Are we a vindictive people?

In order that nobody thinks we are vindictive, we give some money for charity as a hypocritical defence mechanism, before we proceed to snore peacefully on the legendary pillow of angelic innocence upon which we have spiritually orgasmic dreams of being defenders of society

Throw him into prison and toss away the key. What? A suspended sentence? Away with him to the dungeons so he’ll learn.

Wanting people to learn makes us the most pedagogical of nations. I am surprised that we spend so much money on the courts and police. All we need are a few commenters from different newspapers and some giustizzieri of social problem-solvers, formerly represented in such films by actor Charles Bronson. And away with the nasty criminals who must be persecuted rather than prosecuted.

What, they are actually given food and water from our taxes in prison? Stop immediately all nourishment so they not only learn but also starve and rot. Society must be cleansed of these so-called people.

In order that nobody thinks we are vindictive, we give some money for charity as a hypocritical defence mechanism, before we proceed to snore peacefully on the legendary pillow of angelic innocence upon which we have spiritually orgasmic dreams of being defenders of society. Why not, if fooling and lying to ourselves is not one of the commandments? Amen.

The rent anarchy tragic-comedy has been the subject of a holier-than-thou general expression of good intentions to come to grips with. We admit it is there; we declare that we are not ostriches with our heads in the sand, as we are fully aware of it. However, we are also fully determined to express determined intentions to do something about it, as this is better than stating that we do not really wish to do anything about it. Thus I am a good person because I tell you that some day I will help you. Meanwhile I indulge in extreme capitalism to prove that I am versatile and flexible, thus politically mature and progressive.

The Inquisition is alive and well and living within our impeccable Christianity. Indeed, Christ’s promotion of forgiveness was just a parable, an example for the simple populace who take long to understand. So we give advice to the police to hound and arrest anyone who sneezes. We push the police to issue charges based on gossip and paranoid, hysterical suspicion.

The pointing of fingers in witch-hunting times is not a laughable legend that is no longer relevant.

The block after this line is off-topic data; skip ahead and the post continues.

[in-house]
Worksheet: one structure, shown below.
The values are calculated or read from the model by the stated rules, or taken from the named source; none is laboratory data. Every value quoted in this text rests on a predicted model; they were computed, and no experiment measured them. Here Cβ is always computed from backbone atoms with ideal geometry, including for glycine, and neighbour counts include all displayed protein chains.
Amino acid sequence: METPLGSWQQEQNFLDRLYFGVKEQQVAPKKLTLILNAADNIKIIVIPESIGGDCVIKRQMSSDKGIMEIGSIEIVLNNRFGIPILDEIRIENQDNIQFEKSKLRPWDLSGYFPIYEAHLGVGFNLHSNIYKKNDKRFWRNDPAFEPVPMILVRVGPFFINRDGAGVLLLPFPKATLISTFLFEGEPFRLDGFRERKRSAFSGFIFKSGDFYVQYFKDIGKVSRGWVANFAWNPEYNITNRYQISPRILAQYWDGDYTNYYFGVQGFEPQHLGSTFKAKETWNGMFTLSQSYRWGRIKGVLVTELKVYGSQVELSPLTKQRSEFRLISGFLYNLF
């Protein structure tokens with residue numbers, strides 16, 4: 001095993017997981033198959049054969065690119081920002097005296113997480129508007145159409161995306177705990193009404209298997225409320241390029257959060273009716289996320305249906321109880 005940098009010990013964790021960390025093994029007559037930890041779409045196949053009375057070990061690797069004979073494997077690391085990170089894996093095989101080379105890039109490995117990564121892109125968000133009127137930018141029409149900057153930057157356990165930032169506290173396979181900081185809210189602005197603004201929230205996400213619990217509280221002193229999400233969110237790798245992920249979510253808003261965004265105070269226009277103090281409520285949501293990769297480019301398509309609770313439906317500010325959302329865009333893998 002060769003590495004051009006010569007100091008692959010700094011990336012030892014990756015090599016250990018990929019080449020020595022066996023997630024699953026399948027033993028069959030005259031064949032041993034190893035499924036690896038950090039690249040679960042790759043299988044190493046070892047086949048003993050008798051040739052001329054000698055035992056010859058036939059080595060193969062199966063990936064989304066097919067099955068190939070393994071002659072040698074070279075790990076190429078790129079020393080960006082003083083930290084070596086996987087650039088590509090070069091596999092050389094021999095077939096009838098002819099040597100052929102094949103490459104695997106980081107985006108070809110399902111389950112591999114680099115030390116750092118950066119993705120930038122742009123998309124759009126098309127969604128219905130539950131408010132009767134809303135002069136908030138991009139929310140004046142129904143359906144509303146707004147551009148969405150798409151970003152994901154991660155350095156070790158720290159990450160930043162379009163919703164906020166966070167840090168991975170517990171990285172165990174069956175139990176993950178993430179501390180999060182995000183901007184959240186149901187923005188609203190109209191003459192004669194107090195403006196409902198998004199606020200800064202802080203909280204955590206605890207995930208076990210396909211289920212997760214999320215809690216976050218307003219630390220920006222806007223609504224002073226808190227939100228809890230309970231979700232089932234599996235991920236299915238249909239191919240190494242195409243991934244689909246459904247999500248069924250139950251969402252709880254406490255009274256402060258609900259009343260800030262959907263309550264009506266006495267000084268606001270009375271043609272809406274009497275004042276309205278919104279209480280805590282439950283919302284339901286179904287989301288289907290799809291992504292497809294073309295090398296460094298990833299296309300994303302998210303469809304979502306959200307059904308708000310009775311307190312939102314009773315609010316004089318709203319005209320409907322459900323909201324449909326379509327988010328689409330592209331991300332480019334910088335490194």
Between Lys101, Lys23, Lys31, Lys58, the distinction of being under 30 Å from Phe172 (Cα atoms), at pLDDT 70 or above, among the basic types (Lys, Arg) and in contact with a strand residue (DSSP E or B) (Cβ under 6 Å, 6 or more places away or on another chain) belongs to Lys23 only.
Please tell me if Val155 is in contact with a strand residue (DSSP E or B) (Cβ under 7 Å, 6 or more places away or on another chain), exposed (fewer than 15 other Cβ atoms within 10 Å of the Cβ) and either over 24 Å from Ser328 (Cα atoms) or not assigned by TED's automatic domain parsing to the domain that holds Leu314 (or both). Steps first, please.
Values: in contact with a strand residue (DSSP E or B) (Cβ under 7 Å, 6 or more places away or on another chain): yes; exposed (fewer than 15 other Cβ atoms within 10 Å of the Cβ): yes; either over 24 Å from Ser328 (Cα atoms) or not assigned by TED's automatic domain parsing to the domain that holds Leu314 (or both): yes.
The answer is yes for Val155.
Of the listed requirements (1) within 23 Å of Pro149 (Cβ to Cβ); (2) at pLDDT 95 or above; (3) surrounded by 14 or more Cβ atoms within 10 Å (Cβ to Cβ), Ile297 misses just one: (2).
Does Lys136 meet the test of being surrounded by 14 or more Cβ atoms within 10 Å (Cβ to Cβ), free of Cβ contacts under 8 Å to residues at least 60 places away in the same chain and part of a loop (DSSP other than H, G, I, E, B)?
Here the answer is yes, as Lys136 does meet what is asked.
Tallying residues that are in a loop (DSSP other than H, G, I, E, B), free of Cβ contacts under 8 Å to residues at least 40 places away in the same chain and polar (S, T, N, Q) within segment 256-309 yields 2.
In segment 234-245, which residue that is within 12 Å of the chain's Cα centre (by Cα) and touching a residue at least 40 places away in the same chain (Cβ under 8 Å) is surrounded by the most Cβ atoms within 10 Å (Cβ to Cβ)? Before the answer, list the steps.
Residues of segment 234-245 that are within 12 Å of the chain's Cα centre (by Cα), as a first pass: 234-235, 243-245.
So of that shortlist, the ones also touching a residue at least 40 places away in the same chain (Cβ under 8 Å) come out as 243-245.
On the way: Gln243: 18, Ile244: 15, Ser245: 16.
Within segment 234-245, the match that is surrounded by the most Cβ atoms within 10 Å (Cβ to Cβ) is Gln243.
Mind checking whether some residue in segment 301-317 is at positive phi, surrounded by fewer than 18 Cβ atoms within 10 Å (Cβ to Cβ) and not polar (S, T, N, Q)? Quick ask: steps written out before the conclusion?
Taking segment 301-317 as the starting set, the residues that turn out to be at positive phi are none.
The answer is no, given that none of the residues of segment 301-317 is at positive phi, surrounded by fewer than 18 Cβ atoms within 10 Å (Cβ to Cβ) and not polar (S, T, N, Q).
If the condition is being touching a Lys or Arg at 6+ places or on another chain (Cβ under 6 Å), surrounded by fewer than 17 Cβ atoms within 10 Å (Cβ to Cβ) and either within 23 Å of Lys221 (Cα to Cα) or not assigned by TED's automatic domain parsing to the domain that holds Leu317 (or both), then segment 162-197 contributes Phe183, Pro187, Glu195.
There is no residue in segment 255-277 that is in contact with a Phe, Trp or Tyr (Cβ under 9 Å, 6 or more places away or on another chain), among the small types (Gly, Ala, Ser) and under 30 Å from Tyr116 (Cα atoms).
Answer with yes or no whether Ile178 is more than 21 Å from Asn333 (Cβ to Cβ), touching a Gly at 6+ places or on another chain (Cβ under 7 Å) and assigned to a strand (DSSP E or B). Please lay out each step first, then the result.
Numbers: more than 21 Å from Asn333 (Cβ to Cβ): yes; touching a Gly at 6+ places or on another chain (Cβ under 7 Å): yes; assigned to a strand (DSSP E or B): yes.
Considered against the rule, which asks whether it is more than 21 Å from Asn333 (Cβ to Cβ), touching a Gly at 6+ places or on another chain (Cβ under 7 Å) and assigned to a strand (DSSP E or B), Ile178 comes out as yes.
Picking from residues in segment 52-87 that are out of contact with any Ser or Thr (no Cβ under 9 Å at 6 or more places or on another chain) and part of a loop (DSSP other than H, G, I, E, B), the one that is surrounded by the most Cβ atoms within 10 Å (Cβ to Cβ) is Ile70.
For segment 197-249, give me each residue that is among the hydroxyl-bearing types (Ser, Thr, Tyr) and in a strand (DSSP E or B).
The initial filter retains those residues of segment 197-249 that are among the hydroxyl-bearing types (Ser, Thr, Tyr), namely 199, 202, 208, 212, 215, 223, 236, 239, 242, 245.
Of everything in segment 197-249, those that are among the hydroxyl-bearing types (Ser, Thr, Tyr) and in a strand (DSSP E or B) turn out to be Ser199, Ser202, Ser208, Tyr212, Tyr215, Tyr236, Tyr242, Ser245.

For correct people must point fingers before society is entrapped into anarchy and disaster. We ridicule the police for investigating instead of grabbing and manhandling at the least twitch of a moustache. Police rationality is not acceptable. It is not on! How dare street cops practise rationality? It is not robotic enough. So they must bring down the baton on the vulnerable, erratic citizen who will face the terminal end of the correct citizen’s moralistic witch-hunt. So there!

We want to dismiss judges who have some humanity ‘coz they are too soft’. We try to push them to punish suspects to the maximum – not for the sake of the protection of a society which delighted observers of pain and punishment do not care about – but for the sadistic pleasure that was obtained in the past from ‘correct’ citizens supporting the ‘re-organisation of society’ by buying the best tickets at the front row adjacent to the torture ring and exclaiming ‘Hallelujah’ for society has been saved!

The basically self-righteous ex officio pantomime has been with us for tired ages. It was created by the conservative establishment as an exercise in self-satisfaction. A few people did a favour to their consciences and concocted this bizarrerie to save society from itself. This saving of society is a massive cliché, but it does a lot of good to those who believe it.

Thus, after long years of thinking they pulled society away from the ominous cliff edge, they decided to declare that the monster they gave birth to, was actually created by society for its own good.

So suddenly, from a handful of people, they have become society! Ergo they can legislate in the name of society instead of their own name. How many sins have been committed in the name of society after we decided that society is really me, my family and my friends!

Perhaps we could be more guided by our President’s Christmas speech: ‘Values guided us since our ancestors time’... ‘what makes us Maltese... is the fact that we still care about each other’. This is tearfully impressive. Let us put this into practice. Two simple examples: let all officials solemnly declaring to be ‘close to the people’ reflect on the definition of ‘close’. Let them also listen to valid suggestions in favour of the vulnerable. Let not the vulnerable be treated coldly and insensitively by citing the pretext of ‘procedure’. Let us remember that our society that declares to care must create procedure and not the other way round. And this also because it is the duty of the Deputy Prime Minister to radically reduce bureaucracy. For, if not, we are just beating our chests in holiness, declaring that we are definitely Christian but behaving vindictively and placing the blame on procedure – as was conveniently done during the Inquisition.

But we like to say that, in spite of its horrors, the Inquisition was also for the good of society. Now don’t ask me what ‘good’ means as long as it sounds like a positive word while semantics sounds too pedantic. I proclaim the notion of ‘good’ to lead my correctness; to organise my morals while I strut around tut-tutting at less moralistic creatures

We are definitely Christian and, at the same time, capable of being nonchalantly, nay enthusiastically, vindictive.


Dr Anthony Licari

Ta’ Xbiex